The @RequestMapping by default server all HTTP methods, but now we specified it as RequestMethod.POST only. The Java method argument is similar to model, but now annotated with @RequestBody, meaning it should not be constructed from request arguments, but from its body. To provide the body, let’s change method in Postman to POST, add Header with key Content-Type and value application/json and raw body like this: { “title”:”mr”, “name”:”John”,  “surname”:”Smith”, “age”: 40 }. Fire at will at /greetingwithpost and we should get the familiar response.

HTTP status codes

HTTP responses comes with status codes. There are few classes of codes, 2xx are for success, 3xx for redirection, 4xx for client error and 5xx for server error. If we return an arbitrary object from @RestController, and the call is successful, by default it gets a 200 code. Let’s examine other possibilities:

@RequestMapping(value = "/greetingwithcodes", method = RequestMethod.POST)
public ResponseEntity<Greeting> getGreetingWithCodes(@RequestBody GreetingParams body) {
    Greeting greeting = service.getGreeting(body.getTitle(), body.getName(), body.getSurname());
    HttpStatus status = HttpStatus.CREATED;
    if ("Smith".equals(body.getSurname())) {
        status = HttpStatus.ALREADY_REPORTED;
    } else if ("Jackson".equals(body.getSurname())) {
        status = HttpStatus.GONE;
    return new ResponseEntity<Greeting>(greeting, status);

Now instead of the naked body, we return a ResponseEntity object that takes the body and the code as argument. We can examine surname, and based on that return different code, depending on our application logic. We had Smith few times, so if we issue our POST request changing only address to /greetingwithcodes, we will get status code 208 which means “Already reported”. If we change surname. It will be 201 “Created”, however if then name will be Michael and surname Jackson, we will get code 410 “Gone”…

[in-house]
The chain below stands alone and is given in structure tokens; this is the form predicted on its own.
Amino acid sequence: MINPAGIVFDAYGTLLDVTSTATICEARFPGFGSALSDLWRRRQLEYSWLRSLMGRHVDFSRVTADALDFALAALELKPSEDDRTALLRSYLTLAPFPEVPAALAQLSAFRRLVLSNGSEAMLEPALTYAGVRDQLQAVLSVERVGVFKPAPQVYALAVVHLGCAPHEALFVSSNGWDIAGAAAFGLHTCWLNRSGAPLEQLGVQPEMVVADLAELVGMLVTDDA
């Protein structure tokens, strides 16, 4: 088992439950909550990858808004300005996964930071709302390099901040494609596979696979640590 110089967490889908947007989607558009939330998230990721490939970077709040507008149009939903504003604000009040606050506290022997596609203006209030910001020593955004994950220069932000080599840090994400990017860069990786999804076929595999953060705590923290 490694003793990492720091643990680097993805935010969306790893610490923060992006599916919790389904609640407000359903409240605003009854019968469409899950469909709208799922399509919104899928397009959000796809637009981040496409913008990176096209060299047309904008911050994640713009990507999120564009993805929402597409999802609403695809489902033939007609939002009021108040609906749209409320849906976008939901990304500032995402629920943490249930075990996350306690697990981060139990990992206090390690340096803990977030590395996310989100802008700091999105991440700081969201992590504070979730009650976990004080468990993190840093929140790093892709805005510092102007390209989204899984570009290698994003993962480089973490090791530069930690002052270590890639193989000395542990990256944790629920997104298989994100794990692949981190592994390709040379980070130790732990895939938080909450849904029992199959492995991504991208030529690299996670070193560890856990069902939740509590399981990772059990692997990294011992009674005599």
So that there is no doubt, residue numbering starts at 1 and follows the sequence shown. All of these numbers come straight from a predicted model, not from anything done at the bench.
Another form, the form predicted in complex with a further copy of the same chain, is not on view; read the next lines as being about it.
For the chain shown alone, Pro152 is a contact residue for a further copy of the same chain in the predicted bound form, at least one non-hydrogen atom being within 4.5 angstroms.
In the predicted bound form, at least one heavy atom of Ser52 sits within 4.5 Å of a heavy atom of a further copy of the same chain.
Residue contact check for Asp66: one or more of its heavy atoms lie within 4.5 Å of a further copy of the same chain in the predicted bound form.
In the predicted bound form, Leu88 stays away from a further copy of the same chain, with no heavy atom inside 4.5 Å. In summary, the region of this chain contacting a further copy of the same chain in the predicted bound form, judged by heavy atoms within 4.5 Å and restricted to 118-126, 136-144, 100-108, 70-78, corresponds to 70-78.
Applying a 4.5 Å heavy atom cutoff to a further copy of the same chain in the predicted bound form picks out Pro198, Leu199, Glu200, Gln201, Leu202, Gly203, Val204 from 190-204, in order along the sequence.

Spring is coming?

If you are curious about details of what is happening with your Java object between the point you return it from REST controller and the point it leaves your computer through the network cable, you might want to go through episodes 49 to 52, a series on layers of abstraction in Java web applications. They are a kind of Christmas special episodes, themed with journey from The Hobbit.

If you are interested in more details about API, and how to handle stuff around them, you might want to check episode 47 on API management tools.

Uff… That was a long one! In the next episode, we will continue with Spring basics, and the topic will be: how to talk to the database. See you!


Images source: CatherinetteRings


Posted by on March 9, 2017 in API, Spring, Technology


Tags: , , , , ,

4 responses to “Spring Web Basics

  1. Mateusz Nowak

    April 8, 2017 at 12:30 pm

    very nice article, It’s help me a lot to remind content form lectures, and understand better.
    But I have one notice about that.
    In the post you’ve written that: “The @RequestMapping default HTTP method is GET”, but i think you’re wrong here. As I have been learning Spring, I’ve read that there is no default method, te @RequestMapping annotation maps for all HTTP methods. But I can always be wrong. Please verify that, and if it’s necesassary correct it.

    And also could you explain me why do you use @Valid addnotation? What’s mean? Beacause of I was testing the programm without it, and it worked the same.

    See you on the next our PWr course meeting ;)

    PS. You have small typo in the article (but you know is programming is very important), you wrote: ”
    Let’s rename our MainController to FrontendController and add the second one like that”, but the name in code is WebServiceController.


  2. gvaireth

    April 8, 2017 at 2:38 pm

    Thanks for comments.

    Regarding GET being default, you are correct, there is a mistake in the article.

    @Valid is needed here to enable validations from GreetingsParam class. If you use a one-letter surname as an argument without @Valid annotation, error will not be reported.

    FrontendController refers to a class that was originally called MainController. WebServiceController is a new one.

    Good luck on the exam ;)